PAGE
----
Every time an individual speaks, Connect will outline their webcam with a blue highlight. The same is true when multiple speakers are talking.
The example above features two active speakers!
When a host or presenter is speaking, you can require that everyone viewing will share the Host or Presenter’s view settings. It’s a better way to add some control to your webcam experience.
This is important when a host or presenter has maximized the video pod or extended it to full-screen. Participants then must view the webcam in the context defined by the host or presenter. On the flip side, if a Presenter sets it to Force Presenter View and maintains a small view of the webcams, a participant can’t maximize the pod.
There are times in many large meetings and events where you need that type of control. It ensures presenters can deliver their presentations as they see fit. It also works well during group discussions when you want everyone to participate in webcam-based conversations.
We already talked about the settings we use to manage bandwidth within Adobe Connect’s preferences. There are other ways to manage bandwidth consumption related to webcams.
Rather than add a video pod to your Adobe Connect room, place a small share pod. Position and size it to your specifications.
Then, upload a professional picture into the pod! Thanks to Connect’s persistence, that picture will be there as long as you desire.
We like this alternative because the audience gets to see your smiling face – but you don’t have to feel the pressure of jumping on webcam.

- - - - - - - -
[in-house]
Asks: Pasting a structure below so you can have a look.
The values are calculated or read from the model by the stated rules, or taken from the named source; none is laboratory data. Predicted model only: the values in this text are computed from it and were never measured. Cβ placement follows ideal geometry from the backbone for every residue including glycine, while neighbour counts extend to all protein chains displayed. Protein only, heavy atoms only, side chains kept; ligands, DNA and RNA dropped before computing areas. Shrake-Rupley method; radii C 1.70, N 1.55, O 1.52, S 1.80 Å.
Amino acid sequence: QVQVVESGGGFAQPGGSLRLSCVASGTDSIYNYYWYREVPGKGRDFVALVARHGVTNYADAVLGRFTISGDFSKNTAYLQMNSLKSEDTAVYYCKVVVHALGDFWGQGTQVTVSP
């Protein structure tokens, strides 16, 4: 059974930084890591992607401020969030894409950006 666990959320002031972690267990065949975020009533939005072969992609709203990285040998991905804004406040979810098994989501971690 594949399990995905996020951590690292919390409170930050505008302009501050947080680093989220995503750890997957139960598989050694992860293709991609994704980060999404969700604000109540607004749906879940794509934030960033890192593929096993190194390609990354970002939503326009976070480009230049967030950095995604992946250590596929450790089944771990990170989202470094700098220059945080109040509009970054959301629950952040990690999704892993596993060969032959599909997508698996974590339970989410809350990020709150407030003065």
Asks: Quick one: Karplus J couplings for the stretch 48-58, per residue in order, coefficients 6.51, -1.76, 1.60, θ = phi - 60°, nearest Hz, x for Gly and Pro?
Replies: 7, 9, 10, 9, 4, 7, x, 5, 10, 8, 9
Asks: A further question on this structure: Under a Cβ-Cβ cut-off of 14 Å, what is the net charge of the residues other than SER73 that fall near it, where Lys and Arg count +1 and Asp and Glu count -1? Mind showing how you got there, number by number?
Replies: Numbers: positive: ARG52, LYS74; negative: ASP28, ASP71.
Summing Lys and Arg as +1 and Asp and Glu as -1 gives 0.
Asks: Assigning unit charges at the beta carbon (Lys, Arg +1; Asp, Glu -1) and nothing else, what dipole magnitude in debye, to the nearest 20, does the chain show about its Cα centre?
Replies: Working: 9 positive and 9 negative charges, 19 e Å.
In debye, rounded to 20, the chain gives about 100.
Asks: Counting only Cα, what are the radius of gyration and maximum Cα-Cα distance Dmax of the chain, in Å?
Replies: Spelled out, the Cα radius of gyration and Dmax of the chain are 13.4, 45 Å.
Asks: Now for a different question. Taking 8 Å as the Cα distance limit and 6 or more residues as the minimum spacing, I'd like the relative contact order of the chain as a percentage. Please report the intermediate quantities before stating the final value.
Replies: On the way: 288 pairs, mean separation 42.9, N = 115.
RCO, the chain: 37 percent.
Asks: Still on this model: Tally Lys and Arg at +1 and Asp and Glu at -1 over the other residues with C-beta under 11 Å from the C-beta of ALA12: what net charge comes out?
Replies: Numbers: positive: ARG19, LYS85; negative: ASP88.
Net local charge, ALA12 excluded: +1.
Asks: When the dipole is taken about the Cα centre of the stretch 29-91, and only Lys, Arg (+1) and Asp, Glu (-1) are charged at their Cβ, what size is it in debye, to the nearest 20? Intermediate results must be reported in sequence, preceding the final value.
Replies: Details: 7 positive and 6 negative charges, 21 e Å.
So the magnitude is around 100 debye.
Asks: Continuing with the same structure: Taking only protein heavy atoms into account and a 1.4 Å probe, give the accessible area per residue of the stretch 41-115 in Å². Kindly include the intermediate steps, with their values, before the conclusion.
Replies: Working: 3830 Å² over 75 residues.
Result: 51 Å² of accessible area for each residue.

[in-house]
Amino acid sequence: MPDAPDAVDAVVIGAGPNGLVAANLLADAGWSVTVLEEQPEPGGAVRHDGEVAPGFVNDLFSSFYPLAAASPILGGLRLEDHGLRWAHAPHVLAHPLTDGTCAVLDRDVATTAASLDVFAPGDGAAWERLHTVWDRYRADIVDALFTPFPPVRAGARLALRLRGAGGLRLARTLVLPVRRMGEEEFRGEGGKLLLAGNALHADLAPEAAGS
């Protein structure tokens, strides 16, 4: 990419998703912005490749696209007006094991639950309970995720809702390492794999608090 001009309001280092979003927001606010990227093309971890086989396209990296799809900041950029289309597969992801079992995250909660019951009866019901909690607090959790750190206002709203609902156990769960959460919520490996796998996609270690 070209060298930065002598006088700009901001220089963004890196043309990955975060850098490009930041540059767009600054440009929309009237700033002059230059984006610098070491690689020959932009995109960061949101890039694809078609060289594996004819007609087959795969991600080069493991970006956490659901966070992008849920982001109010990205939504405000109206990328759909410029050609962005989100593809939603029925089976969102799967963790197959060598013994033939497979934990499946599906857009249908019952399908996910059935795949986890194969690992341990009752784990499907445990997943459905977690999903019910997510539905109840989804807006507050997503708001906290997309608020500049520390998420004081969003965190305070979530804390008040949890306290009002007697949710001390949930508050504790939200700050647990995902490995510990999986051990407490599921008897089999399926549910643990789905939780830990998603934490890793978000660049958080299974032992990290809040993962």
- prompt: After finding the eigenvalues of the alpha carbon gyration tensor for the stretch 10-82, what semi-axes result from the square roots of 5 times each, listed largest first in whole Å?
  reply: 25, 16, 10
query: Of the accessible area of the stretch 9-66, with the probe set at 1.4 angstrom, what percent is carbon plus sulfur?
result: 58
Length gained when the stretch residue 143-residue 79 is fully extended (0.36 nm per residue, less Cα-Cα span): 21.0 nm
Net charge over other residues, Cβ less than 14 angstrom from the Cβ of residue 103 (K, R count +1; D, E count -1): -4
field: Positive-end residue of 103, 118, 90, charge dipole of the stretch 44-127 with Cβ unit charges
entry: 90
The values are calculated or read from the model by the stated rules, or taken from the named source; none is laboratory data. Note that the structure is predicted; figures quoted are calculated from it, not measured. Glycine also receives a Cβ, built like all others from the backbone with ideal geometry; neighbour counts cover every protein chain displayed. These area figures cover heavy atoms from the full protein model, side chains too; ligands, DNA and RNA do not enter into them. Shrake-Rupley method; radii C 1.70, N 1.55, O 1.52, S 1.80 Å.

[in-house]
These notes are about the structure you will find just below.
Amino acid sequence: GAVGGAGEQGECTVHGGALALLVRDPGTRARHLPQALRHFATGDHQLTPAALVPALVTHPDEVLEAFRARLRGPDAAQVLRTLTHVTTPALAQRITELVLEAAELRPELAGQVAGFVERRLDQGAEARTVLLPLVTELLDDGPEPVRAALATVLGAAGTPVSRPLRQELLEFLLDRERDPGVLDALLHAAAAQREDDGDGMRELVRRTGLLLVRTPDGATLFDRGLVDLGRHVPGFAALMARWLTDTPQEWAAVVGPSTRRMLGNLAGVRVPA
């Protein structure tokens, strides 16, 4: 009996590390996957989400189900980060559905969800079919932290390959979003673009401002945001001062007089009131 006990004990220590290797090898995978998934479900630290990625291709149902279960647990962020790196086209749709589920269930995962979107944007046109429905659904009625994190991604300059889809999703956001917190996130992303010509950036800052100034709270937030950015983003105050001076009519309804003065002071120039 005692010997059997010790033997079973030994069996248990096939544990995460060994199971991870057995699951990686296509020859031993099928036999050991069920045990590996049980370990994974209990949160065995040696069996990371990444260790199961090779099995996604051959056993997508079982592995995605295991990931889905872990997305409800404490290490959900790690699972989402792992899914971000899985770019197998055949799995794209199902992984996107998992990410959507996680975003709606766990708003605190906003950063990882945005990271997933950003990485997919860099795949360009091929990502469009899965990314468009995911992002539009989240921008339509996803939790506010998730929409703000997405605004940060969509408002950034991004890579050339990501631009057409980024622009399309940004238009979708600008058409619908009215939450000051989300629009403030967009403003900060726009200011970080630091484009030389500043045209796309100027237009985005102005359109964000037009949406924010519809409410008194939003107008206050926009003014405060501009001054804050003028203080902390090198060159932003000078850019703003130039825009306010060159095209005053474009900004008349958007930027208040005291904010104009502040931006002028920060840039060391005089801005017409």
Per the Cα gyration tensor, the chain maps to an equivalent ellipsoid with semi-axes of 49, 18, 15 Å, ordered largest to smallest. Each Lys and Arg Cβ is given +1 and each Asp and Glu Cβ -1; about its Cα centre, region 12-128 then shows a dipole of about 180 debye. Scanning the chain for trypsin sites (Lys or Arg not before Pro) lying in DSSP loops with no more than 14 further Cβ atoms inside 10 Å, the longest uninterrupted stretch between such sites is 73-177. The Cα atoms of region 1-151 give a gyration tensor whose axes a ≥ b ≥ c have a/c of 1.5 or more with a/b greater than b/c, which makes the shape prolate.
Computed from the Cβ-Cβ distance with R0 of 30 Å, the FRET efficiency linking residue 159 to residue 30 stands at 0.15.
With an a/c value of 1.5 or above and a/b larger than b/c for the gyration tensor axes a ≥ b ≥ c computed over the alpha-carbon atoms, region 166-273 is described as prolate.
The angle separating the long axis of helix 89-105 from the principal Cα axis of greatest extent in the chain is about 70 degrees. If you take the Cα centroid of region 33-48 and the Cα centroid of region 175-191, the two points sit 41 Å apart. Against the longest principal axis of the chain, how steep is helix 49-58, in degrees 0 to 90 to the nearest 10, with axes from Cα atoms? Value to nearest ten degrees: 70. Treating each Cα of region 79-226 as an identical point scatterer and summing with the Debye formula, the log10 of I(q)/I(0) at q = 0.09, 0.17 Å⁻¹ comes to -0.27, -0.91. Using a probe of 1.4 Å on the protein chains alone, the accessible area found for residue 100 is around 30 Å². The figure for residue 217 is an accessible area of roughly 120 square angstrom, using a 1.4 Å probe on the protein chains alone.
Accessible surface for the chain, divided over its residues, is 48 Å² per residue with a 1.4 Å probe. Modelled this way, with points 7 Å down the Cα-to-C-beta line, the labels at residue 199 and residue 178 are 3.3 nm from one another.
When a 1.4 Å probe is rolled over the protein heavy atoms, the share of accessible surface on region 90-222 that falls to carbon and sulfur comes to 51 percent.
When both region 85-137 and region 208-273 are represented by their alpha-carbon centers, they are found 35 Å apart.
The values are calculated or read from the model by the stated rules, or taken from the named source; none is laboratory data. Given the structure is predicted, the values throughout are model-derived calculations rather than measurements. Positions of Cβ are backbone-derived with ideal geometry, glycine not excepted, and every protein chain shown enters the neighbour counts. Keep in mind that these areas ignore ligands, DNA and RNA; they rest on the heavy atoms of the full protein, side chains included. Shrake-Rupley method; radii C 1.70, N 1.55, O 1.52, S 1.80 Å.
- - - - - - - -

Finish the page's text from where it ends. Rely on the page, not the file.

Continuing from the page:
At MeetingOne, we developed virtual business cards in Photoshop. Many members of our team use them as substitutes for a webcam. Here’s an example from my boss’s room.
During webinars and virtual training, it can be a wise choice to run webcams intermittently. Rather than turn off your webcam during sections where you want to focus on slides, videos, or interactive elements, simply create a different layout that excludes the Adobe Connect video pod. Then, reintroduce webcams later.
When you transition between layouts, the webcam will reappear when it’s most pertinent to your content!
We often do this during our webinars. Here’s an example from a “Virtual Christmas Party” we put on a few years back.
We were running multiple videos at once. So, to reduce bandwidth conflict, we cut out the webcams for that section. After the videos, we reintroduced webcams. The transitions were clean. And the event flowed smoothly.
Use these pointers to make the most of your Adobe Connect webcams. Making good use of webcams in your Adobe Connect rooms can lead to better presentations and events!